Having “the talk” with your kids

Deborah Salmi, Nov 30, 2016 2:38:16 PM

Your children can become good digital citizens with some guidance from you.

[insert image]

The world is different from the one we grew up in. Children learn how to use a mouse and swipe a touchscreen before they can read or write, but just because they’re “digital natives” doesn’t mean they’re naturals at navigating the cyberworld safely. We’re parents too, and since we’re in the online security business, we’d like to help you talk to your child — whether they are 5 or 15 — about staying safe online.

Mothers and fathers, grandparents, and even older siblings are the trusted authorities in the home. You are the go-to resource to help keep the internet a safe place for your family.

To protect your children from making irreversible mistakes or trusting the wrong people online, you need to stay informed about current issues and understand the social networks and devices that your children use.

Children whose parents talk to them regularly about what they do online will likely be more responsible when alone and unsupervised.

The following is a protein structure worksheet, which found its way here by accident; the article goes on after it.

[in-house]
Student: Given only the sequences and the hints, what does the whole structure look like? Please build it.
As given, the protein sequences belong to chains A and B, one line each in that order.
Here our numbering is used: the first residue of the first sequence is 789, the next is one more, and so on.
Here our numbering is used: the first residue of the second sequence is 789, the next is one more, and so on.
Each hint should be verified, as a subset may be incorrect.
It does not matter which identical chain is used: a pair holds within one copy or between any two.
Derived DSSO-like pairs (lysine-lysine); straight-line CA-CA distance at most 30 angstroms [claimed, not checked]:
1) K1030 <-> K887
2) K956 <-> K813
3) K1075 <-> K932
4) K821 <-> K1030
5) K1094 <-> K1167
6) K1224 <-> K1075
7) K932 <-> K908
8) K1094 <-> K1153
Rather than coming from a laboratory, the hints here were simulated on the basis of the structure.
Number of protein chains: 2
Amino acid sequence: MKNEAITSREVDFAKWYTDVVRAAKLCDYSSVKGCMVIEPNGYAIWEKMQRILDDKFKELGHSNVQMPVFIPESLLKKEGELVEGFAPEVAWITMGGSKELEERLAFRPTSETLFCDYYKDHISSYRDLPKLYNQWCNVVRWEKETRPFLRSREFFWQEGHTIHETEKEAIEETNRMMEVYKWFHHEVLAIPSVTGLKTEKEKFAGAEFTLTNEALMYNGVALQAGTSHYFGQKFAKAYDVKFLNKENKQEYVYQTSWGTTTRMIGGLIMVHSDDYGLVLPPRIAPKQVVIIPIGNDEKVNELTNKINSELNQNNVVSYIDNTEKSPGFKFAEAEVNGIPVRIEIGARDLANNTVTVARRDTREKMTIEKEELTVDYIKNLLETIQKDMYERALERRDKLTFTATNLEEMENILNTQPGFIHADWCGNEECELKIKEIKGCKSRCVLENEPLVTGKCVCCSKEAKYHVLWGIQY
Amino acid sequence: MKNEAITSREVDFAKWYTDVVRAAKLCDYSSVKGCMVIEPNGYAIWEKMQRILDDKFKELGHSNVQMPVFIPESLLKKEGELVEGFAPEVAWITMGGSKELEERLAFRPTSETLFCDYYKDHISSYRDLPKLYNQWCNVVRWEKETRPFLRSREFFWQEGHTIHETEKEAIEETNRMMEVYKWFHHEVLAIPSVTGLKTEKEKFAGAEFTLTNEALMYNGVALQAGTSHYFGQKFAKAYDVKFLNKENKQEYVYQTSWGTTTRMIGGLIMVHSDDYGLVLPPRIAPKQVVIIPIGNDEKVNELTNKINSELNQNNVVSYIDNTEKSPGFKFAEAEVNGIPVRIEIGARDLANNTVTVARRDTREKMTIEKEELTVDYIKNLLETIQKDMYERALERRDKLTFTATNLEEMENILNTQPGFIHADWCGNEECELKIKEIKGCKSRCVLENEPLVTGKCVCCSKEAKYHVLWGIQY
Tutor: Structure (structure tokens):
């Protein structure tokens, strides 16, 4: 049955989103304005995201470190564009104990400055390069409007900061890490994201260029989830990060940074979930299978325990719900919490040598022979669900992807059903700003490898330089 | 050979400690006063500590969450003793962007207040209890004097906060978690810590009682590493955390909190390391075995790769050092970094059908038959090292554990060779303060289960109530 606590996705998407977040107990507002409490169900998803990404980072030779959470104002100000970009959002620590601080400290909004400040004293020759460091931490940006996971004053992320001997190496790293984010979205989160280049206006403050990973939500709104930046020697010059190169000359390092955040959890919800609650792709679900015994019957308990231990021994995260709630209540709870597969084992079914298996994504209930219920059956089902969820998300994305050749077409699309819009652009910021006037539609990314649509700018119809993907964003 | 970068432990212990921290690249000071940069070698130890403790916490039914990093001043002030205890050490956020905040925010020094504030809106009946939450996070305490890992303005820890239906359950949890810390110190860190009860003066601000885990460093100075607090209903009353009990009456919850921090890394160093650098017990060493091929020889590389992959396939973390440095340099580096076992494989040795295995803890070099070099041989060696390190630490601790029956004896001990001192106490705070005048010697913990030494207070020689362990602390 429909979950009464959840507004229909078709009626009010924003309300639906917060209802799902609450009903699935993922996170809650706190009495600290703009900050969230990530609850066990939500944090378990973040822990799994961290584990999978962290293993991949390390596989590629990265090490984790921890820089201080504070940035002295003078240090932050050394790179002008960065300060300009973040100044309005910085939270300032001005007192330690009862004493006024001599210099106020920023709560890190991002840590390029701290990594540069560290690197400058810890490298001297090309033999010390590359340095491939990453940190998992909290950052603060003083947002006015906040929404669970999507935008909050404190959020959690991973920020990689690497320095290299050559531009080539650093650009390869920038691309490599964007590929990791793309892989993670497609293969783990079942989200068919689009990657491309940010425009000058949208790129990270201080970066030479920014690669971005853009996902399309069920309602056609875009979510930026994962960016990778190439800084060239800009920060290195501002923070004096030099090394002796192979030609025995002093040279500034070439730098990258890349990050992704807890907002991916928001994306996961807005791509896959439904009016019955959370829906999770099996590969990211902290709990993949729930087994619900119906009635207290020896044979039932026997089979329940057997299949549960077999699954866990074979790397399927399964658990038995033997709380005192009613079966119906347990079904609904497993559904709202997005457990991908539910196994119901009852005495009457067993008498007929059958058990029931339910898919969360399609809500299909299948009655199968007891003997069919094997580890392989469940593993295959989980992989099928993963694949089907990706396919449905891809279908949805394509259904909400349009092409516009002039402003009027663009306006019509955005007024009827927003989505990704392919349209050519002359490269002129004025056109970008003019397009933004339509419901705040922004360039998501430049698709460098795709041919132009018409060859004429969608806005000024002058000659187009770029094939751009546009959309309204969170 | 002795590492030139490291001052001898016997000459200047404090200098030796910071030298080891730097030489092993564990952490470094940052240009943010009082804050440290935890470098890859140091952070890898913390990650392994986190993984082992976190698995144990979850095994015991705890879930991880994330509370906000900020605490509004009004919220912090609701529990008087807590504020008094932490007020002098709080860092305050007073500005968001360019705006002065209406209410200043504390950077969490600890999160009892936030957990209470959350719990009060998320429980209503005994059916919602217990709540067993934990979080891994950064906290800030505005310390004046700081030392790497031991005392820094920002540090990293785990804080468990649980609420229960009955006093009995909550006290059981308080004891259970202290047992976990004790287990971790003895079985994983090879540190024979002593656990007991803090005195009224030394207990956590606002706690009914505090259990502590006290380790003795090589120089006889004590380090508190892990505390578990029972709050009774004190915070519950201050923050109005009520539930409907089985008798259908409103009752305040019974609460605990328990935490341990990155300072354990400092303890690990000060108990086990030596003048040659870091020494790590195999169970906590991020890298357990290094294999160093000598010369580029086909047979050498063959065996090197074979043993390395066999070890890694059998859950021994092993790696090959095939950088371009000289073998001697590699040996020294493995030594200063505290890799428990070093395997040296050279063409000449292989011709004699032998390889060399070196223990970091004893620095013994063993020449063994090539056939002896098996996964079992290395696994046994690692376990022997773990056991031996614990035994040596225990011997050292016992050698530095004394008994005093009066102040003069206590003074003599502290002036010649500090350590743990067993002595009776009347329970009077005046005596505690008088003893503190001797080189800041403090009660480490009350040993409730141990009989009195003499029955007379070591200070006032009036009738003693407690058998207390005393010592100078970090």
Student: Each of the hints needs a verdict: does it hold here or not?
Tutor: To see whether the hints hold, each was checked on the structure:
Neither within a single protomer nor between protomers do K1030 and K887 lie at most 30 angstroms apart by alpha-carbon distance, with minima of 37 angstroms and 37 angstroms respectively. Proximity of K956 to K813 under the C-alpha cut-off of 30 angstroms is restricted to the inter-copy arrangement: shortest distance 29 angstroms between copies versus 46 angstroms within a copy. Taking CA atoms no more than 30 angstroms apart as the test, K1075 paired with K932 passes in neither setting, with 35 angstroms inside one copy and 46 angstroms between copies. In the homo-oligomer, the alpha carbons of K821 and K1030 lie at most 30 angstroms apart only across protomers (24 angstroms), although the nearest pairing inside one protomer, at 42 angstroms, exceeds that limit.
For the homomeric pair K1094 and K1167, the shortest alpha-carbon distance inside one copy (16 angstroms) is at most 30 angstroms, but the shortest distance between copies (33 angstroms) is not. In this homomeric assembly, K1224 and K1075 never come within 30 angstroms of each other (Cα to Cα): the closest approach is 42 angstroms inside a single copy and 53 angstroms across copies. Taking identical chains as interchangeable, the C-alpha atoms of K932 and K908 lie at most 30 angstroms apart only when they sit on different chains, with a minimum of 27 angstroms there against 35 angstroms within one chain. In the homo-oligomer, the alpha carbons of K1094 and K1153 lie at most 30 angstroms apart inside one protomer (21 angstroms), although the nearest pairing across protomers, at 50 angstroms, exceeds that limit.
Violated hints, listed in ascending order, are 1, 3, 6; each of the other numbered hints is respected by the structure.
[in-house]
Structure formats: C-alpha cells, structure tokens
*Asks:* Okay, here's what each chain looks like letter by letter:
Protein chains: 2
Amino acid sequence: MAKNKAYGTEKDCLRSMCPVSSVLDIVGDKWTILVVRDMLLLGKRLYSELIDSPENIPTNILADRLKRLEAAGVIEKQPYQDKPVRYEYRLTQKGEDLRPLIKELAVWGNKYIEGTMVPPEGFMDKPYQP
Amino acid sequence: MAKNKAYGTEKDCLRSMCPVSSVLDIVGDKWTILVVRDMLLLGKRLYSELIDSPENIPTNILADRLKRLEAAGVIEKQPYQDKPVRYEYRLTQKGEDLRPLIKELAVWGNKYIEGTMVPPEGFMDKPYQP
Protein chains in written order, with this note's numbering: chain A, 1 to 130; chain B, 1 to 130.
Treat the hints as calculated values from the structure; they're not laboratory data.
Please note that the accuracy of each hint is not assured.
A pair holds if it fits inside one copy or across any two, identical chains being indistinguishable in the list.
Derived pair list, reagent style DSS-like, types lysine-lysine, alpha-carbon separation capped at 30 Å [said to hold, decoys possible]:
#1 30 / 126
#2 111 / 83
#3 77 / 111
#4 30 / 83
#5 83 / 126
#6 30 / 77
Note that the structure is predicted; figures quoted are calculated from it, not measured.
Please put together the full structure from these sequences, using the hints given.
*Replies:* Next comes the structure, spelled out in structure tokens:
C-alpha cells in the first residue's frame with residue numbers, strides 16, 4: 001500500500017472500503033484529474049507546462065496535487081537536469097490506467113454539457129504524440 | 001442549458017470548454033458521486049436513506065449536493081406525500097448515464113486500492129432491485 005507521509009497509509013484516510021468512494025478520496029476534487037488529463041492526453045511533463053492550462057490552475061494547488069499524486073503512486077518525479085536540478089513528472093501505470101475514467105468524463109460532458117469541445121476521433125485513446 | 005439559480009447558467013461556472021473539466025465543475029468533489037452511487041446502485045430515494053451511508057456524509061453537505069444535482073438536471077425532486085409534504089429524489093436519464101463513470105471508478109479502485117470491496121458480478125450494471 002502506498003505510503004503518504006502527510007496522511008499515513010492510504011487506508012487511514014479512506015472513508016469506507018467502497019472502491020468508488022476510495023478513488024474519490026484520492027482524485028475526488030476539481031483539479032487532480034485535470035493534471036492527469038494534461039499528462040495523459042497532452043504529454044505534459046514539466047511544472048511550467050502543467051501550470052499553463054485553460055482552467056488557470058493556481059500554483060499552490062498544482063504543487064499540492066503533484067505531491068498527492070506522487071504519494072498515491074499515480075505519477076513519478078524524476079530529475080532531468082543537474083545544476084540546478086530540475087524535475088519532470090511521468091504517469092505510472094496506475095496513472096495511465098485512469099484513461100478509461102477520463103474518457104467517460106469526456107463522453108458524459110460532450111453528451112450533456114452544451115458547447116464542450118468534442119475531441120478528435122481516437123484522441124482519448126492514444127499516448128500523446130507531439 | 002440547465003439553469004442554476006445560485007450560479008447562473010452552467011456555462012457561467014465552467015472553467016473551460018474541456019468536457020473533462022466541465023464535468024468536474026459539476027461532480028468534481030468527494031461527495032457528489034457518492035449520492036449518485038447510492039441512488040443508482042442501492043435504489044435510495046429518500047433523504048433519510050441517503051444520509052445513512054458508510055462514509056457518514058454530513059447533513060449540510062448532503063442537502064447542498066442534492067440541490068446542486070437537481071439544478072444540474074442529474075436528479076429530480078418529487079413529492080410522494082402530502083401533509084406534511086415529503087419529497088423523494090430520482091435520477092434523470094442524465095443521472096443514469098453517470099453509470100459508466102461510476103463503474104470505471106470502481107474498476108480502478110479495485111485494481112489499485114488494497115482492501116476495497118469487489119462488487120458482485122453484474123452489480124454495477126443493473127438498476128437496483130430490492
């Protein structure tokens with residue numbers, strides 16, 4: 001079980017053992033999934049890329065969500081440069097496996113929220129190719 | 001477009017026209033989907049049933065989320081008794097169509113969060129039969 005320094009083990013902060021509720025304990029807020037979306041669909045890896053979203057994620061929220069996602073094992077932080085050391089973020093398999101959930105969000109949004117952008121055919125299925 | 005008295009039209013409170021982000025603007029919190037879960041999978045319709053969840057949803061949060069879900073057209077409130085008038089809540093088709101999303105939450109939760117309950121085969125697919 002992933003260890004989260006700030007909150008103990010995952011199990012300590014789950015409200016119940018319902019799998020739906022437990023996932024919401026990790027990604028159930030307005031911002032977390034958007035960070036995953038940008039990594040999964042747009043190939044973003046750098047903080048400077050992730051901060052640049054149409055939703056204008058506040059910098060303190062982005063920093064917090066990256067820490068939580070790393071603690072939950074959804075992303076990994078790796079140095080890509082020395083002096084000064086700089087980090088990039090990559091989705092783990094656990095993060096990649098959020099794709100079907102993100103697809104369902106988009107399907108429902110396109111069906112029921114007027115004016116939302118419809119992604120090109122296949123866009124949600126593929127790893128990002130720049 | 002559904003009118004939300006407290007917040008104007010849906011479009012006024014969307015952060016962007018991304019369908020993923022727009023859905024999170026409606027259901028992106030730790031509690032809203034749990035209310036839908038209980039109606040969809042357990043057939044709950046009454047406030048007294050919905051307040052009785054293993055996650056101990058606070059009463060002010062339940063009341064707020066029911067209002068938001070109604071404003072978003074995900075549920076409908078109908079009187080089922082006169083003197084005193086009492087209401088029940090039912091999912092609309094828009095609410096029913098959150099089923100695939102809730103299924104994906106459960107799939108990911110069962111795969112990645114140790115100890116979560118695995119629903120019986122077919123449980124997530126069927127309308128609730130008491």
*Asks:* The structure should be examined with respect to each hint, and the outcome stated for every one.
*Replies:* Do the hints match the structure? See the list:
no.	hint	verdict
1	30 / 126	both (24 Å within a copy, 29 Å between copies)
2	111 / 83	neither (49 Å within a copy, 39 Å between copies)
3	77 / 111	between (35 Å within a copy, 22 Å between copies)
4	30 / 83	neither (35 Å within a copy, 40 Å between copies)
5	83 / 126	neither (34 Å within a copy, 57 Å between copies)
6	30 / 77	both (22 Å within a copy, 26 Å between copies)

October is National Cyber Security Awareness Month (NCSAM). For the rest of the month we will publish articles to help you talk about online safety with the kids in your life. To see all our tips for online safety, social media and mobile security, download our eBook, What Grown-ups Need to Know About Online Safety for Kids. We want to help all digital citizens stay safer and more secure online. 


Here are some topics and tips to help you get started:

Keep a clean machine - Before anyone in your family connects for the first time, be sure that all the Wi-Fi enabled devices in your home — computers, mobile phones, tablets, and even routers — are secure. Malware on any of these devices can put your family’s personal information at risk. Avast has all the protection you need for different devices. Check out our selection.

Be positive, supportive, and engaged – As soon as your child gets active on the internet, you can begin talking about it. When you begin as an active participant; surfing the web together, setting up profiles, sharing online communities, the more open your entire experience will be.

Review privacy settings -  Before your child becomes active on a social site or is responsible for his own mobile phone, go through the privacy settings together  and decide on the appropriate amount of protection needed.

Related articles